Erected in the mid 1950s as a municipal response to St. Louis’s overwhelming poverty problem, then demolished amid a plume of controversy two decades later, the Pruitt-Igoe housing projects—a cluster of corner-cutting modernist high rises—have become a nearly koan-like riddle in the annals of social engineering. It’s clear that a constellation of factors led to and even predicted the community’s downfall, such as: a lack of sustainable plumbing or wiring in the buildings, the fact that the projects provided shelter to struggling mother and thief alike, and the inevitable process of ethnic-economic segregation that the development catalyzed in St. Louis more generally. What’s more open to creative interpretation, however, is who deserves the blame for Pruitt-Igoe’s embarrassingly brief lifespan, as well as whether or not the crime and substandard living conditions were so rampant toward the end to necessitate razing. (Depending on whose account one reads, the final years of Pruitt-Igoe sound like a hell on earth or a no-worse-than-average slum that at least has a roof.)
Documentarian Chad Freidrichs’s take on The Pruitt-Igoe Myth provides neither the anticipated debunking of consensus studies (there are too many of those that disagree with one another anyhow) nor its own coherent thesis, instead attempting to grope at the individual, psychological experiences underwent in the projects that accumulated into sociological phenomenon. Blisteringly high-res interviews with the now-grown children of Pruitt-Igoe, as well as urban planning students who studied the complexes firsthand, offer testimonial evidence to the germs of neighborhood pride that lived on there though surrounded by fear, ignorance, and insurmountable penury.
Most haunting, however, is the relentless interweaving of archival footage with these talking heads—newsreels, photographs, and home movies, some of each repeated more than once in disparate contexts, which form a multimedia-driven collage of interlocking symbols not just about Pruitt-Igoe-the-historical-event, but Pruitt-Igoe-the-idea. At first, there’s dithering tension between the black-and-white content and the color material; the latter’s more aligned with the Caucasian establishment of their time, where the former provides semblances of hardened, African-American dignity. But this dichotomy eventually dissipates into a stream of eerily isolated faces and objects drawn from any source and every source—from some hazy, doom-riddled multicultural ether.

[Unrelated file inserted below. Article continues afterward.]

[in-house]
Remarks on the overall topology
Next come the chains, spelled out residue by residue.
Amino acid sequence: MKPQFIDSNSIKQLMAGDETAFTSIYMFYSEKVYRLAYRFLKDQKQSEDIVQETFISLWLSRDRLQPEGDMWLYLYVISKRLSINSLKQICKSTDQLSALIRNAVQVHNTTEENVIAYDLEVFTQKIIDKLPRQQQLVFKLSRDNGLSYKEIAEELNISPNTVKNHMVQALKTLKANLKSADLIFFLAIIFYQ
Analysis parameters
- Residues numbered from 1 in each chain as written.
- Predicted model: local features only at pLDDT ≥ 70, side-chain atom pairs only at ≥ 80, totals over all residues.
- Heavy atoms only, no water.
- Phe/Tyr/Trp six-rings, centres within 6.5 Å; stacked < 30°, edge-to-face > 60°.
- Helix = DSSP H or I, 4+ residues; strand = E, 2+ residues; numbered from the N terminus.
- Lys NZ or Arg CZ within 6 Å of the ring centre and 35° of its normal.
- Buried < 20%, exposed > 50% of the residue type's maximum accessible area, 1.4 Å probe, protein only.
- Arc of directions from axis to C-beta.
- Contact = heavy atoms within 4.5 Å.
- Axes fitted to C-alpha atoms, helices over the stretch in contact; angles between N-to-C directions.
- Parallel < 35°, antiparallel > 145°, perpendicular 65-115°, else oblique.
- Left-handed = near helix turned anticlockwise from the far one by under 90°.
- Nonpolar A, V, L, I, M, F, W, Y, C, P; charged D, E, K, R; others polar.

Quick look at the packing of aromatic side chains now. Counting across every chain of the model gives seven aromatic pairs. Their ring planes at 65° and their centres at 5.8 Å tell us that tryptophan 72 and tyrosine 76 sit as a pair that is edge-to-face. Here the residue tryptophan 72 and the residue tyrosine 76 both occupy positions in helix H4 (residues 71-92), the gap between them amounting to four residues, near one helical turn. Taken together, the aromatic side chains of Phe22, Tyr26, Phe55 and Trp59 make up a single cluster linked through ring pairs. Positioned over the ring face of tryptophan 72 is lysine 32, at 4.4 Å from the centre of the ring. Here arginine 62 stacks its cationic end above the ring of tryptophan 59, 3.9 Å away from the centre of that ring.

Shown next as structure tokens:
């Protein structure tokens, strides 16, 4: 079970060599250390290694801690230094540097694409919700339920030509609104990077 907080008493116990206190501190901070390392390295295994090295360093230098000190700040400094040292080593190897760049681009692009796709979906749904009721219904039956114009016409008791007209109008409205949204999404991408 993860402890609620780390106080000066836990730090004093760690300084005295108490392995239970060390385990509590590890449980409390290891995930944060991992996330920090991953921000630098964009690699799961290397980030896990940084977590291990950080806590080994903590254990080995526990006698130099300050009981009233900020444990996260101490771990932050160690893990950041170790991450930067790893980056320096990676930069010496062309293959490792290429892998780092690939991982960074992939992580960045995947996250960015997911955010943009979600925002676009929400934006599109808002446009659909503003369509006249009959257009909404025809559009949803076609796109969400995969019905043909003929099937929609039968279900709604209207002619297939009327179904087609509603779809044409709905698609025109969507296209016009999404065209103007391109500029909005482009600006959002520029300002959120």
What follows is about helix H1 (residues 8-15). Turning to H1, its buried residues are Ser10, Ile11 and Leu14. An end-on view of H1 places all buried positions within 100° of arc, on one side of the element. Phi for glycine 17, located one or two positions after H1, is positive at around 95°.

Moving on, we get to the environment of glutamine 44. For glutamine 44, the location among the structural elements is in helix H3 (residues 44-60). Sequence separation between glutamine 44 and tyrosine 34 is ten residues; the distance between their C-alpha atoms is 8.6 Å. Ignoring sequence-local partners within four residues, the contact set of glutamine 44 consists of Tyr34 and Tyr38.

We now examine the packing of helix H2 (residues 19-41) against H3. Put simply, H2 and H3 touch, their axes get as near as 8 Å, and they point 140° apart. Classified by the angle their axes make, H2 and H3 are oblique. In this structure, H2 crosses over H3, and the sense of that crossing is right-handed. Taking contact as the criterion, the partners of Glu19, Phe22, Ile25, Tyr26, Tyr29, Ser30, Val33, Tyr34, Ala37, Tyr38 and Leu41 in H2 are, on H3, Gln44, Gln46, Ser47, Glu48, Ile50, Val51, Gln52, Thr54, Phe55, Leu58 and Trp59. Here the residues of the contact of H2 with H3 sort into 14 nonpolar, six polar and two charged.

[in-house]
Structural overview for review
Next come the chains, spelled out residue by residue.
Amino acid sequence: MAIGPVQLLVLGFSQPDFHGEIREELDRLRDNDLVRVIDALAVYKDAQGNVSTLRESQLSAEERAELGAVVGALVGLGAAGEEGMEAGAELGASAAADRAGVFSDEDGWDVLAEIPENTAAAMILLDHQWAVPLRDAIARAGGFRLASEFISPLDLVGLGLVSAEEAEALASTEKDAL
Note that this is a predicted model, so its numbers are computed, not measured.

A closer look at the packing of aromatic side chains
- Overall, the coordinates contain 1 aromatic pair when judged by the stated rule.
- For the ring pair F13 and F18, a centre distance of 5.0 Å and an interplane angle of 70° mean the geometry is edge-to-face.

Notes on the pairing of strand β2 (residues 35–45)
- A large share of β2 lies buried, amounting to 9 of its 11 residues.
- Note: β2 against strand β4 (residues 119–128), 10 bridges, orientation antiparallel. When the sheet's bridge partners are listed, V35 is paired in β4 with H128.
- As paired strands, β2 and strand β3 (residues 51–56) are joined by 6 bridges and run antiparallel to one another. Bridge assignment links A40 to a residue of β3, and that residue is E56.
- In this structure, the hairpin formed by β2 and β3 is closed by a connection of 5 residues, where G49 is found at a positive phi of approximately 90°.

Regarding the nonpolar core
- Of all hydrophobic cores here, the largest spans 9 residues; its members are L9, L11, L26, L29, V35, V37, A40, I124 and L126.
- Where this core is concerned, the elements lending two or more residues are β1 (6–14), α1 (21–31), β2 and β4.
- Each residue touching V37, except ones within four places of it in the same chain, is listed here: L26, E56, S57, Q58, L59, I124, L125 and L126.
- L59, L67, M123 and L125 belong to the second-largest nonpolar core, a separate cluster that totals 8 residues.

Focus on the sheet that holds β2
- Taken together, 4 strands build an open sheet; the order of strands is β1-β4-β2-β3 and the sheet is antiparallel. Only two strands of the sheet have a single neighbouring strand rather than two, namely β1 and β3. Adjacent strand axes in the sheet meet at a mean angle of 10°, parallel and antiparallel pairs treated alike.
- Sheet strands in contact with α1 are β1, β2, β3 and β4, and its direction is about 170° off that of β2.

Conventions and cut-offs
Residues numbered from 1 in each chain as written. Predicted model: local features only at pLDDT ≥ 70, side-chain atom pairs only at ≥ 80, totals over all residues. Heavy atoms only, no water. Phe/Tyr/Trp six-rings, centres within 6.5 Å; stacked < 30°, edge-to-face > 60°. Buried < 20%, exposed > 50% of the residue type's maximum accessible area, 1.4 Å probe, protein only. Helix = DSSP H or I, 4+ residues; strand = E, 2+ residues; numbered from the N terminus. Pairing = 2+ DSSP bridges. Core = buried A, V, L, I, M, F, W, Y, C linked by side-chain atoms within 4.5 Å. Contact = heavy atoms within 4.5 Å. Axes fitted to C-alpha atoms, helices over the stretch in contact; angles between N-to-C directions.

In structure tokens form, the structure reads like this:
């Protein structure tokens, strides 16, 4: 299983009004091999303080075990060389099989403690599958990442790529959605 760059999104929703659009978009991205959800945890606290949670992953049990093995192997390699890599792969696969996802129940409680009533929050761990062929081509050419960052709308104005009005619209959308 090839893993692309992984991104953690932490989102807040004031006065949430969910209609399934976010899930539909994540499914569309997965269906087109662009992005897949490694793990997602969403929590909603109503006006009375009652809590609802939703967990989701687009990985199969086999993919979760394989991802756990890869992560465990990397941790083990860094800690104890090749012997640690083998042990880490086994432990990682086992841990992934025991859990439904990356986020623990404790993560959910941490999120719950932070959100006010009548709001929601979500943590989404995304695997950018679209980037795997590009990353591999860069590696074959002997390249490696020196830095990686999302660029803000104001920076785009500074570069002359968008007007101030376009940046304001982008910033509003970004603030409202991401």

The movie becomes a montage with an ever-modulating heartbeat. Refuse thick with maggots piles up in the basement of one building. In another, a group of unemployed black men and women protest the lack of jobs available to minorities in St. Louis, but the footage has noticeably deteriorated—their voices are mouse-like and unearthly, possessing a timeless desperation. A child with enlarged pupils grips a cautious hand in a narrow corridor. A photograph of St. Louis’s crepuscular skyline shows Pruitt-Igoe’s multiple prongs, glistening with unpredictably patterned lights. On a vintage news program, an elderly white man sheepishly renounces Pruitt-Igoe, saying he’d live next to a poor neighborhood but not a black one. More and more faces appear, seemingly on display, seeming to know that they’re being not just watched but catalogued and captioned for the sake of posterity. Their hollow, impossible-to-read half-smiles refuse rather than transcend their historicity and academic significance.
As mesmerizing as this cadence is, however, there are scenes that can’t decide whether they want to be abstractly lyrical or socio-politically incisive, and the director’s have-it-both-ways compromise comes off as unsettlingly inhuman. The film starts, in fact, with a poeticism that seems wholly at odds with the concrete (in multiple senses) subject matter—Freidrichs’s camera runs across a row of calligraphic trees, blown out by a harsh, interloping sun, and some sober narration leads us through the housing project’s ambitious inception. Though this foliage, as we later learn, has taken over the lot where the Pruitt-Igoe skyscrapers once stood, there’s an unnecessary distance to this prologue’s imagery (we sense that we’re being purposefully thrown off the urban scent) that seeps through later examples of inner-city chiaroscuro via 16mm film stock and monochromatic photography.
This disorientation is in part a mirroring of the Pruitt-Igoe residential experience, of course. There are very few visualizations of the projects’ basic layout and most of the “people” shots arrive already in close-up, so we can never really tell whether we’re in a flat, in a basement, in a stairwell, or outside in the community’s gardens and streets. But this lack of structural identification confuses some of the most domestically emotional stories that Freidrichs compiles—among them nostalgic reminiscences of playing with neighbors and decorating for the holidays. We don’t have a sense of the “where” to which they refer so fondly. The film ends on a note of courage, and a call-to-action that we “remember,” naturally, but we can’t completely buy it: What Freidrichs has accomplished is a portrait of unknowability. The story being told by the documentary’s tone contradicts the very point that The Pruitt-Igoe Myth‘s most passionate speakers seek to assert. Rather than observing pride amid declining fortunes, we’re witnesses to a surprisingly monotone 80 minutes of thumping unease.